The Axolotl isn’t a dangerous animal, nor is it particularly ugly. It’s not deformed, creepy nor does it harbor fish in its butthole. So what makes this cute little thing our Crazy Creature of the Week? Well, the simple fact that you can adopt one of these tiny martians, keep it in an aquarium at home and raise it as your own is crazy enough. It’s almost like the aquatic version of ET, but trust me, it gets way, way trippier than that.
This amphibious animal is more commonly known as a “Mexican walking fish” or a “walking fish.” Originally found in lakes in and around Mexico City, they look like they belong on land. Oddly enough, the axolotl matures and grows gills living out the rest of its days underwater. Another oddity about its maturity is that it doesn’t undergo much of any physical maturation aside from gills. The way the axolotl looks when it’s born is almost exactly the way it looks throughout the entirety of its life. It’s basically a big baby that reproduces, well, babies. Weird.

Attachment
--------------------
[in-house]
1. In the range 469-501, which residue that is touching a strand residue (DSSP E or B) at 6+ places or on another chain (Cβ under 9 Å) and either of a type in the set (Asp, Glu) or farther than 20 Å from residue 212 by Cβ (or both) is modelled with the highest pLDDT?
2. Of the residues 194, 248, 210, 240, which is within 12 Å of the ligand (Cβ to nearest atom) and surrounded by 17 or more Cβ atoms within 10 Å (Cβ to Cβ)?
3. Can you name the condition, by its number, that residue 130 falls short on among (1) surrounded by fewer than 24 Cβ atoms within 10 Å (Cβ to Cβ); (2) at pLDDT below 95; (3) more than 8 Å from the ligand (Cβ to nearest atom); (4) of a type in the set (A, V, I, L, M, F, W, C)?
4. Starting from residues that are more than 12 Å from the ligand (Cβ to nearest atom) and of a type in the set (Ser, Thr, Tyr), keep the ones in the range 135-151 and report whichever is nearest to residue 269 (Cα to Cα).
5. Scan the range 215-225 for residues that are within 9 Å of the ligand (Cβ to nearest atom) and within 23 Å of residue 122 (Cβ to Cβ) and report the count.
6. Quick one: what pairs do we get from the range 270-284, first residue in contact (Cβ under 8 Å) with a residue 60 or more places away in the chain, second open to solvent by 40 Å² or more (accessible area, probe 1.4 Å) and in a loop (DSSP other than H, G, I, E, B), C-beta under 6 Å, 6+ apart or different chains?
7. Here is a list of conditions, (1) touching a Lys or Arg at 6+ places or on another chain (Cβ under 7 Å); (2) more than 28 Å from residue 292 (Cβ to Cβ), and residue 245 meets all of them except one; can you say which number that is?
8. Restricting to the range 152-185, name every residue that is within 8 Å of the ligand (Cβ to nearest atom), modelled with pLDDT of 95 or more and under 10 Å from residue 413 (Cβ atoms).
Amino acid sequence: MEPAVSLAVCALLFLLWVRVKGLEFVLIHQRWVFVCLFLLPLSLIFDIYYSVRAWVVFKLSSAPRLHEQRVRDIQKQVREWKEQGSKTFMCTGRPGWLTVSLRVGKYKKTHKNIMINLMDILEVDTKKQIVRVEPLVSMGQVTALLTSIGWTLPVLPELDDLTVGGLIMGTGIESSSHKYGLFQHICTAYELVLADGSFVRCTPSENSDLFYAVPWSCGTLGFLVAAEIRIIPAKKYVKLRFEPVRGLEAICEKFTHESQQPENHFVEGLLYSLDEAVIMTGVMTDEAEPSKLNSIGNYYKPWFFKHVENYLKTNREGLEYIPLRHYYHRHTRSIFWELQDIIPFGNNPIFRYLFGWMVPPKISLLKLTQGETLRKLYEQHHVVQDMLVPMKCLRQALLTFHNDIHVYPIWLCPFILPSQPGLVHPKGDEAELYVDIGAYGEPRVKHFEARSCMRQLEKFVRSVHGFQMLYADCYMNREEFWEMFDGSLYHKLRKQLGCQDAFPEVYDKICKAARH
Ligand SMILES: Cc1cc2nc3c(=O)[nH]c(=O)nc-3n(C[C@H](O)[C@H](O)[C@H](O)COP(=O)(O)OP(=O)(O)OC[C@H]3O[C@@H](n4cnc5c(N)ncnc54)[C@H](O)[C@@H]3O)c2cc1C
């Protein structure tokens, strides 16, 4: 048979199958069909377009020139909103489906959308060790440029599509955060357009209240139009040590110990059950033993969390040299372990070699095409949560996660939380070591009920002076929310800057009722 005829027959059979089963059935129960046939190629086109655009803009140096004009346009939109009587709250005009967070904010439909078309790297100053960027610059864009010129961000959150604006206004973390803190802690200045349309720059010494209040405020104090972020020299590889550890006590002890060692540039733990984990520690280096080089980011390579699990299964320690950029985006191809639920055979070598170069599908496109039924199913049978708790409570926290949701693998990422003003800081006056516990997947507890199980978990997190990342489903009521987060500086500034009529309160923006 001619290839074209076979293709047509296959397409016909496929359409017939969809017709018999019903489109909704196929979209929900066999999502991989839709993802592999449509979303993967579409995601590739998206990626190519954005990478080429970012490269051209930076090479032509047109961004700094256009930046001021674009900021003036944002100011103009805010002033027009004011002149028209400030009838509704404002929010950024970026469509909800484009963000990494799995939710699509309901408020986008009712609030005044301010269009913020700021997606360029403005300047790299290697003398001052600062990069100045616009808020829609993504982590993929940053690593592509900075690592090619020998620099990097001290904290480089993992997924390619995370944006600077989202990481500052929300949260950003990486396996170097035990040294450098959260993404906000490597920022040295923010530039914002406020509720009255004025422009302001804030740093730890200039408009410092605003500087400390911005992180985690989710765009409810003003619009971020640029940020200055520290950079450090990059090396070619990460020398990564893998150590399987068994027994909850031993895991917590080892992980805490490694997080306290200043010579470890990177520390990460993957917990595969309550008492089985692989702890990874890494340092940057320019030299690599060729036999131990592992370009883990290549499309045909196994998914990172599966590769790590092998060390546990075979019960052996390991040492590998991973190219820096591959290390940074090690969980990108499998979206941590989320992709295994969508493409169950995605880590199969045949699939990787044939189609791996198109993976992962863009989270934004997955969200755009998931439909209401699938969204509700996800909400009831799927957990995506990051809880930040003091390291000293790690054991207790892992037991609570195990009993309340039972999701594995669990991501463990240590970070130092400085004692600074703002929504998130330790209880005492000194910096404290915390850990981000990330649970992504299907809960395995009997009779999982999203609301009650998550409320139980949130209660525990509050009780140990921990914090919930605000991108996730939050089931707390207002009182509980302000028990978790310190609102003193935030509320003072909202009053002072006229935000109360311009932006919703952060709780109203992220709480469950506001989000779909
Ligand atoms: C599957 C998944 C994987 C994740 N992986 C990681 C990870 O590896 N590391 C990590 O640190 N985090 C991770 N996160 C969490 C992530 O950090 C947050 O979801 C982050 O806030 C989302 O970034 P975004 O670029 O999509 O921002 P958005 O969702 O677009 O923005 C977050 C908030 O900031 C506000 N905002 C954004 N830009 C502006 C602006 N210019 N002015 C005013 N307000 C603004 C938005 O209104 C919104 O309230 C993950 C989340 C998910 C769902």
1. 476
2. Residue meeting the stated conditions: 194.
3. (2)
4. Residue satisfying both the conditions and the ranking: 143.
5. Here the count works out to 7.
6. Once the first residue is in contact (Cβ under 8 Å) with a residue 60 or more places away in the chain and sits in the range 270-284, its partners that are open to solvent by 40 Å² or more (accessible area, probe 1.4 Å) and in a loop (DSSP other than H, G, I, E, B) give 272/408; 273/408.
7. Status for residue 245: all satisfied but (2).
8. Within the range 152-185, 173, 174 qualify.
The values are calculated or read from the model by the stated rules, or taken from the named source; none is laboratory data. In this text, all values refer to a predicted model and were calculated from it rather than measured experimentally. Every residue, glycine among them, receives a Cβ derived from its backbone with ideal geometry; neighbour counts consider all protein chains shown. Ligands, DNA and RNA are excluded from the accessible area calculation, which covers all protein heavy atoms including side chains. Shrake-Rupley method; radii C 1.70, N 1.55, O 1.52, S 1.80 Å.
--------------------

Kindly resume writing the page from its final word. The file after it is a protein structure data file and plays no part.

Another bizarre feature the axolotl possesses is its ability to regenerate a lost limb. Should its tiny T-Rex-like arms get severed in a baby-on-baby fight, it can grow the appendage back. Quirkier still is the fact that in some cases, the axolotl has been known to grow an extra appendage. Five legs crazy enough for ya? Furthermore, should an axolotl not be able to regenerate its own body part, it has the ability to accept a transplant from a fellow axolotl. The same goes for eyes and parts of the brain.
Sadly, like too many good things on this planet, it’s endangered. The species has declined drastically due to lakes in the Mexico City area drying up and not being as bountiful as they once were. It’s currently listed as Critically Endangered in the wild by IUCN, the International Union for the Conservation of Nature. In fact, their population in the wild has been so devastated that in 2010, they were nearly extinct. A four-month study in 2013 showed no existing axolotls in their natural habitat of Lake Xochimilco. Part of this could be due to their use in scientific studies on limb regeneration. Unfortunately, they will most likely end up extinct as their natural habitat of Mexico City urbanizes, water quality decreases and general human empathy declines.
If you’d like to see the axolotl in action, here’s a 46-minute documentary that will teach you everything you’d want to know.